Qatari emir comes to Gaza bearing gifts – maybe with some strings attached
Sheikh Hamad bin Khalifa al-Thani's visit, pegged to the delivery of a hefty aid package, is the latest iteration of Qatar's efforts to expand its political influence in the region.
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But the United Arab Emirates' Gulf News writes in an editorial that the emir’s visit is an opportunity for mending ties.Skip to next paragraph
Latin America Editor
Whitney Eulich is the Monitor's Latin America editor, overseeing regional coverage for CSMonitor.com and the weekly magazine. She also curates the Latin America Monitor Blog.
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It is important that Shaikh Hamad takes the opportunity to urge the Hamas leaders to seek the promised reconciliation with Fatah, so that the Palestinians can once again have a single and unified government with which they will be able to face the Israeli aggression more confidently.
It is also important that Fatah works to implement reconciliation. Palestinian President Mahmoud Abbas has officially welcomed Shaikh Hamad’s visit to Gaza, but he should also take the opportunity to stress on restarting the reconciliation process so that Palestinians in both the West Bank and Gaza can once again re-unite under one government.
Earlier this year Thani attempted to facilitate a reconciliation, hosting talks between Mr. Abbas and Hamas chief Khaled Mashaal, reports Voice of America. Those talks did not bring about a resolution, but they are indicative of Qatar’s emerging role as a mediator, as The Christian Science Monitor reported last spring.
Qatar offers a powerful combination of money, hotel space, and connections – and is largely devoid of historical baggage.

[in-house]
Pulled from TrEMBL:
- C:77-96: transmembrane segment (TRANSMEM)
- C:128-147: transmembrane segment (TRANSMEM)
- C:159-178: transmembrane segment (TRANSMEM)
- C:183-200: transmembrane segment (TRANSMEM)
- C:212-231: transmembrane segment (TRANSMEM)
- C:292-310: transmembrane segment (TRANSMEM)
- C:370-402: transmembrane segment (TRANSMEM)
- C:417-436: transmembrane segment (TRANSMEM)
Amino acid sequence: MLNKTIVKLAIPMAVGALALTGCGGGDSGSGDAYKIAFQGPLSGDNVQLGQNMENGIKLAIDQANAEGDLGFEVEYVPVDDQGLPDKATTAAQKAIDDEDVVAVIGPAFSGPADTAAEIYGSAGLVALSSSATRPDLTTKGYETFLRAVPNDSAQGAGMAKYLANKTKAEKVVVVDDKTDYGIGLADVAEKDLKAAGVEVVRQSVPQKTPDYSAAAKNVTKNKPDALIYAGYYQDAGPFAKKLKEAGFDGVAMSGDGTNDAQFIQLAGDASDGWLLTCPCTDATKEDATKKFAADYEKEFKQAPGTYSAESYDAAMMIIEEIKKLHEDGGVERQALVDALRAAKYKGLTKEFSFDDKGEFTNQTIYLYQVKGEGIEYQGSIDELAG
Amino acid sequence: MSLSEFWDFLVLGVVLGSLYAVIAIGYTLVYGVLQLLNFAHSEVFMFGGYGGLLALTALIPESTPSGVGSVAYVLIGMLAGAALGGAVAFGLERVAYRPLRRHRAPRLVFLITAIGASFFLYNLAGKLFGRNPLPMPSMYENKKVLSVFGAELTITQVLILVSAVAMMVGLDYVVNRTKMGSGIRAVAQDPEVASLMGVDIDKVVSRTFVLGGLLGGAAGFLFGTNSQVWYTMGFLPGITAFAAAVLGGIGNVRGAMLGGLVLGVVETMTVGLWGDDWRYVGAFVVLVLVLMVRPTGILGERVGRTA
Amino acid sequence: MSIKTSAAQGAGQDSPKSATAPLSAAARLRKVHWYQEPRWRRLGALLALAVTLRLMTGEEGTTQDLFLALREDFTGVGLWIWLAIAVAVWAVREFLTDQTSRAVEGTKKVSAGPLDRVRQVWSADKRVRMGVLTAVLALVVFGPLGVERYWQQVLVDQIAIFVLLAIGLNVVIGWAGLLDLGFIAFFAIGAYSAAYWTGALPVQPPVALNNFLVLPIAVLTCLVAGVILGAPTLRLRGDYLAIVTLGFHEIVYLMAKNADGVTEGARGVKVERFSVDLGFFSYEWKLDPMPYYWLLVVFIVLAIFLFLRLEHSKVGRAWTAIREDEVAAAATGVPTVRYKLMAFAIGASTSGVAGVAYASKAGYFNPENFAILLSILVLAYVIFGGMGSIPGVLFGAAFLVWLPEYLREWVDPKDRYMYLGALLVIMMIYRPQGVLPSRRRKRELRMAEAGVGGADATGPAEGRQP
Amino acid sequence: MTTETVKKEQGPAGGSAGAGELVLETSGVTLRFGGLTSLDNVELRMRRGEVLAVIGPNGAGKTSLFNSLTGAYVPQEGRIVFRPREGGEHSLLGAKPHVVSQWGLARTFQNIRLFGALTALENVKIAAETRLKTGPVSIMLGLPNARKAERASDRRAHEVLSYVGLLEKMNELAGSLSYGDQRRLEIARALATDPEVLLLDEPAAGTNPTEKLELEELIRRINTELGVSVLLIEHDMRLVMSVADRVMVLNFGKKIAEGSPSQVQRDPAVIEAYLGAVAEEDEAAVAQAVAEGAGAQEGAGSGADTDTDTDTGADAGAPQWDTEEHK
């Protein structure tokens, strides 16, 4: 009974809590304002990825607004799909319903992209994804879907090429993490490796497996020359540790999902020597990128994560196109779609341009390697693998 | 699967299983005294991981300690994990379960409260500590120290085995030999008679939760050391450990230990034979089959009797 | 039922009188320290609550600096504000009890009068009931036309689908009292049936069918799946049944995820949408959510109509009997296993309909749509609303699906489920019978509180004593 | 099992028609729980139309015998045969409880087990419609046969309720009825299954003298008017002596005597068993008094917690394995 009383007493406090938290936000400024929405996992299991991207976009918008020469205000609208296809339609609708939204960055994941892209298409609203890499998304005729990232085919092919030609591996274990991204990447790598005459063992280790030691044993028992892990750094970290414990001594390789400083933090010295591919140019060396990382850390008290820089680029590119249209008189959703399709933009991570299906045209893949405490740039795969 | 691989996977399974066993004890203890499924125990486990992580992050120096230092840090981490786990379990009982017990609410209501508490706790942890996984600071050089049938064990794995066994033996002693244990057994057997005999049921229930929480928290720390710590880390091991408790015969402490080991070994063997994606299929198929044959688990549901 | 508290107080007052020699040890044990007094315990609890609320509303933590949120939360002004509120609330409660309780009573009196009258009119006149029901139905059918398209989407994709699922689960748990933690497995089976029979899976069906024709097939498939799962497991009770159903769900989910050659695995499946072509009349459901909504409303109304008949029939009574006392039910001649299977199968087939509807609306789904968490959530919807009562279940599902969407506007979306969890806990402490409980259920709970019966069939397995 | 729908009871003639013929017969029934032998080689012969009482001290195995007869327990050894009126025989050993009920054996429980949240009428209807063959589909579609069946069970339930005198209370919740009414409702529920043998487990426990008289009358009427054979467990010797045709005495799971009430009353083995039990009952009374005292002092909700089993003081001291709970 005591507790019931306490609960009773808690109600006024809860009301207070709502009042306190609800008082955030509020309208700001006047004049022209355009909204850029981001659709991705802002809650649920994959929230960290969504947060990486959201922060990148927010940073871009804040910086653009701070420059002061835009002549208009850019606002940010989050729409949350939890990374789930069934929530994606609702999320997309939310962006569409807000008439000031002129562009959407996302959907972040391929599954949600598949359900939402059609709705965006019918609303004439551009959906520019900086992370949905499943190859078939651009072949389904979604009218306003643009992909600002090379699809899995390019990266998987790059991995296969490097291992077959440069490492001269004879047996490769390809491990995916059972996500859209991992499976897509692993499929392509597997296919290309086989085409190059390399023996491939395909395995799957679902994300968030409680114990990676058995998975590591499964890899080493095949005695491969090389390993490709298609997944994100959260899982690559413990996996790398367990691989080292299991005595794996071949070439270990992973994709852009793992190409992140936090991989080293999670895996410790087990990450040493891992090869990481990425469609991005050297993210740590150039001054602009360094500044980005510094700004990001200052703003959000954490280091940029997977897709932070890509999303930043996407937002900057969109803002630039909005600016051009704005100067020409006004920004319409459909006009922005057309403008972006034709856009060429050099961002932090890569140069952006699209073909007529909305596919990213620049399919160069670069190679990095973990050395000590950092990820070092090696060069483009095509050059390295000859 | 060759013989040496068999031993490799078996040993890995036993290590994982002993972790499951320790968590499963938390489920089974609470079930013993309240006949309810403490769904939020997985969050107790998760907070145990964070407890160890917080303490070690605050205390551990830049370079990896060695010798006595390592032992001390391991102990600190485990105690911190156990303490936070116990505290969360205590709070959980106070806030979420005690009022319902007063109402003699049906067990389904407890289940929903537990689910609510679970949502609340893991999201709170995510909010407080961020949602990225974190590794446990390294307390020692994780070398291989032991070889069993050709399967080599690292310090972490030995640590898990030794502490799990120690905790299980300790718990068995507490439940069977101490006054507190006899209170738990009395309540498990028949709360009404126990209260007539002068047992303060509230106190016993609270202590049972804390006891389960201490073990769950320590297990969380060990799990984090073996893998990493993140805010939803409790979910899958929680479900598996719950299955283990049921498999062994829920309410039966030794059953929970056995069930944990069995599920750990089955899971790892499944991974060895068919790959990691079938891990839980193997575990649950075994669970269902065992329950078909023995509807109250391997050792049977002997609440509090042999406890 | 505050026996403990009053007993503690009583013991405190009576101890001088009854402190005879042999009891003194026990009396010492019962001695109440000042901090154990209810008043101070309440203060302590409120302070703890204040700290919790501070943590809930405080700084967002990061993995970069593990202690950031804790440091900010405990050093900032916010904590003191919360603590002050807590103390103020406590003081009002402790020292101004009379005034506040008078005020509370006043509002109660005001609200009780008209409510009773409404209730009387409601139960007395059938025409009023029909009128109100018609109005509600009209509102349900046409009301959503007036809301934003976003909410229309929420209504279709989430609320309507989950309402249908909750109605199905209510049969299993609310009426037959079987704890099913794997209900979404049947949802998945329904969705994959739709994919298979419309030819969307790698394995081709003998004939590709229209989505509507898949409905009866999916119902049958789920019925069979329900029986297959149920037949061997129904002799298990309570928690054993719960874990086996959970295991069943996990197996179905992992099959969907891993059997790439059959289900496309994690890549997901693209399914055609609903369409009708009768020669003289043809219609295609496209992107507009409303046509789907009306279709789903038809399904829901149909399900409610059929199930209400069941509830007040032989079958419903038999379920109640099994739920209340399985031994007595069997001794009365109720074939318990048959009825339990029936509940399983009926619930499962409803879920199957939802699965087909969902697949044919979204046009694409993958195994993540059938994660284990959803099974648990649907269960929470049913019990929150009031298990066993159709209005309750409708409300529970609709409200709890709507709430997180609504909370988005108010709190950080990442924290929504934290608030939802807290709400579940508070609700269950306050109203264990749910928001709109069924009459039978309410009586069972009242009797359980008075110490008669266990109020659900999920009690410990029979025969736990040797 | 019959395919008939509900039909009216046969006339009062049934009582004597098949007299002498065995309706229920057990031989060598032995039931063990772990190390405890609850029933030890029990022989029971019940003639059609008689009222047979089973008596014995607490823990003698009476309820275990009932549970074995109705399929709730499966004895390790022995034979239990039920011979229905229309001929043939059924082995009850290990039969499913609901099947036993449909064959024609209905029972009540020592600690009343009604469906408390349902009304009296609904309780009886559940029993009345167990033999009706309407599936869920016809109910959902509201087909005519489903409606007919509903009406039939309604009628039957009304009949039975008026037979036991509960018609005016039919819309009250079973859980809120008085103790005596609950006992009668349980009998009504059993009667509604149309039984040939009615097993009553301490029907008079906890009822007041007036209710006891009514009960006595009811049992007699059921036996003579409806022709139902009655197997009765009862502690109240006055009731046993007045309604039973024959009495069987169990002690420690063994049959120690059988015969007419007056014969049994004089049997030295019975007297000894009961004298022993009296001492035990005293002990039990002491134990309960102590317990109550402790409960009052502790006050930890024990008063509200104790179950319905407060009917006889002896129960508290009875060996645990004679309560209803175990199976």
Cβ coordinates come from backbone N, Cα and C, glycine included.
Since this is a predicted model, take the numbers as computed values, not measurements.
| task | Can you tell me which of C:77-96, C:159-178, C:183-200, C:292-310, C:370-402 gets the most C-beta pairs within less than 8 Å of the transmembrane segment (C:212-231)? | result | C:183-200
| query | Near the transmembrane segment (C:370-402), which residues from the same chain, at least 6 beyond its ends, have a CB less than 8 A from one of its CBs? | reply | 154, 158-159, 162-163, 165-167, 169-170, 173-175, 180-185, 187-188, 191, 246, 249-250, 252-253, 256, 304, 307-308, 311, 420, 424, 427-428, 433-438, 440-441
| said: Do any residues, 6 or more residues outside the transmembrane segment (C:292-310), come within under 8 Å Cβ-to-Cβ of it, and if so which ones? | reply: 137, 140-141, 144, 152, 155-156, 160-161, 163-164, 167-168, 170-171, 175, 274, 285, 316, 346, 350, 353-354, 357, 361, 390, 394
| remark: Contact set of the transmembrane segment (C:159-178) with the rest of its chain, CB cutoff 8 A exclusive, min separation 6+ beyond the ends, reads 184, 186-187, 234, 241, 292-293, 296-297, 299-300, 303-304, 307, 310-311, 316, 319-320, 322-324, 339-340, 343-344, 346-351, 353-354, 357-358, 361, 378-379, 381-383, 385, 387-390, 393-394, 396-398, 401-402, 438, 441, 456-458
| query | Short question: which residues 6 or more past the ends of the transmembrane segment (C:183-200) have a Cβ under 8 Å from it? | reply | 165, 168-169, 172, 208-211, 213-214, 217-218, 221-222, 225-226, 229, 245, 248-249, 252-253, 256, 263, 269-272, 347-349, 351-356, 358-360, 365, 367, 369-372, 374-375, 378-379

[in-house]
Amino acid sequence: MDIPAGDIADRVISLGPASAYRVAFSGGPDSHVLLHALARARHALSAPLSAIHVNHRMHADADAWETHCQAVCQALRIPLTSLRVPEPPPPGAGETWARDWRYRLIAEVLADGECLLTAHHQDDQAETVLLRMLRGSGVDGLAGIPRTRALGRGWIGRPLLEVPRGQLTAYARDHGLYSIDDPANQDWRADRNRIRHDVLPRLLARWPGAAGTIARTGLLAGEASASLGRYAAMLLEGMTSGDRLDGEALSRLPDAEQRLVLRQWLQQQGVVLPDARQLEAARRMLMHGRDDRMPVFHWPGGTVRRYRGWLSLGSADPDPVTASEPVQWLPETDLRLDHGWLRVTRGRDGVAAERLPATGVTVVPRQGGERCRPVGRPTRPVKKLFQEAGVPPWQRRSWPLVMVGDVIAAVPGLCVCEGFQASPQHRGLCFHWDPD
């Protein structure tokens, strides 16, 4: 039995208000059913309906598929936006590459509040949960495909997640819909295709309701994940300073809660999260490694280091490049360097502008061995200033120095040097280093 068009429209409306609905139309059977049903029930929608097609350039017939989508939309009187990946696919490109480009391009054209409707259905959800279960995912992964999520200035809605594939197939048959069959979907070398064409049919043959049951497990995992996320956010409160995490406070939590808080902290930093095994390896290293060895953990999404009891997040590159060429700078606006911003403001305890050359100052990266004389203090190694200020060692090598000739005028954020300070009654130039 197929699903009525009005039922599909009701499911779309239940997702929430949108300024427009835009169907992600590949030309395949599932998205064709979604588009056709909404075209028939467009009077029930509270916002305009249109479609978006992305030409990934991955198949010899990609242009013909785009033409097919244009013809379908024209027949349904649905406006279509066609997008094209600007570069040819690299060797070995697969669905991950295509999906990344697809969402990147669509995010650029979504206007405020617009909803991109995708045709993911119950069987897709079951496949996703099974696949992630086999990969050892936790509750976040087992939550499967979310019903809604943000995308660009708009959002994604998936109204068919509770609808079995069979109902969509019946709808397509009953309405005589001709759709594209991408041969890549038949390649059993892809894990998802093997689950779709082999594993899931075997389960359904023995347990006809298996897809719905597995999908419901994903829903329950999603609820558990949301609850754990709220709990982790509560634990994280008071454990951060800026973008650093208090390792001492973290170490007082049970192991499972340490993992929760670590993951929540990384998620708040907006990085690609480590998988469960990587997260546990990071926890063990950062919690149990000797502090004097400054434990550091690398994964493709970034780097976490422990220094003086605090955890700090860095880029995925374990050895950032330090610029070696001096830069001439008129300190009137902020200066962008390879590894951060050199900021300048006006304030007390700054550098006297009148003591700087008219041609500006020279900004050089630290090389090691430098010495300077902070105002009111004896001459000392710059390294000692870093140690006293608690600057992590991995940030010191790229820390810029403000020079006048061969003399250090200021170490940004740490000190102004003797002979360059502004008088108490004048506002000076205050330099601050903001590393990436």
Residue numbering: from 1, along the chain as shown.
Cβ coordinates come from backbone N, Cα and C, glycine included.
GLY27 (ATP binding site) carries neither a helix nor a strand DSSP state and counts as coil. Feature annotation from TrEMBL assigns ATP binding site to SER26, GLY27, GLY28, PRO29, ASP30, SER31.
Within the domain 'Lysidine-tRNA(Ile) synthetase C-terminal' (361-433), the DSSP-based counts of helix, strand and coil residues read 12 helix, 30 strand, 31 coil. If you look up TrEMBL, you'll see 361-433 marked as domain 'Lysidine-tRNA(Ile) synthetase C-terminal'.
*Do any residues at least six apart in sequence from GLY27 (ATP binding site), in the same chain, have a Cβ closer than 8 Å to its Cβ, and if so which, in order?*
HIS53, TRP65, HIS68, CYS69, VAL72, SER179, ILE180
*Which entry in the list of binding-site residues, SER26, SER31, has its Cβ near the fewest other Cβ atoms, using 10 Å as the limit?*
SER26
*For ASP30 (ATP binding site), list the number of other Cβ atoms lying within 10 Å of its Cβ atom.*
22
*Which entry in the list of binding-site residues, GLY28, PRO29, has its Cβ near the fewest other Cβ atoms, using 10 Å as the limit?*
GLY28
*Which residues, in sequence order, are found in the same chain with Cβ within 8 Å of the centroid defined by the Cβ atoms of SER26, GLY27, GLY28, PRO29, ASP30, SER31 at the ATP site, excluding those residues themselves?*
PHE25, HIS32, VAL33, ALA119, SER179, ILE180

The government, which aims to increase its international stature, spends millions footing hotel bills for rebels. After agreements are signed, Qatar sweetens the deal with reconstruction and development aid. The Qatari emir and the foreign minister personally invest in building relationships with the various parties.
The talks have had mixed results. But for Qatar, playing host has raised its international profile, helped forge allies in the West, and won praise almost universally. Mediation is proving to be a powerful – and fail-safe – way to boost its brand.
Another Monitor report notes that Qatar's pivot from neutrality to a more activist agenda could result in future challenges for the country.
But according to Kristian Coates-Ulrichsen, a scholar of Gulf politics at the London School of Economics, "They're losing that [neutral] reputation…. They are playing a very political game, and it could come back to haunt them."
Thani's visit to Gaza riled Israel, which has led the effort to isolate Gaza, imposing strict controls on what can enter the territory.
"We find it weird that the emir doesn't support all of the Palestinians but sides with Hamas over the Palestinian Authority [in the West Bank], which he has never visited," Israeli Foreign Ministry spokesman Yigal Palmor told The Telegraph. "The emir has chosen his camp and it is not good."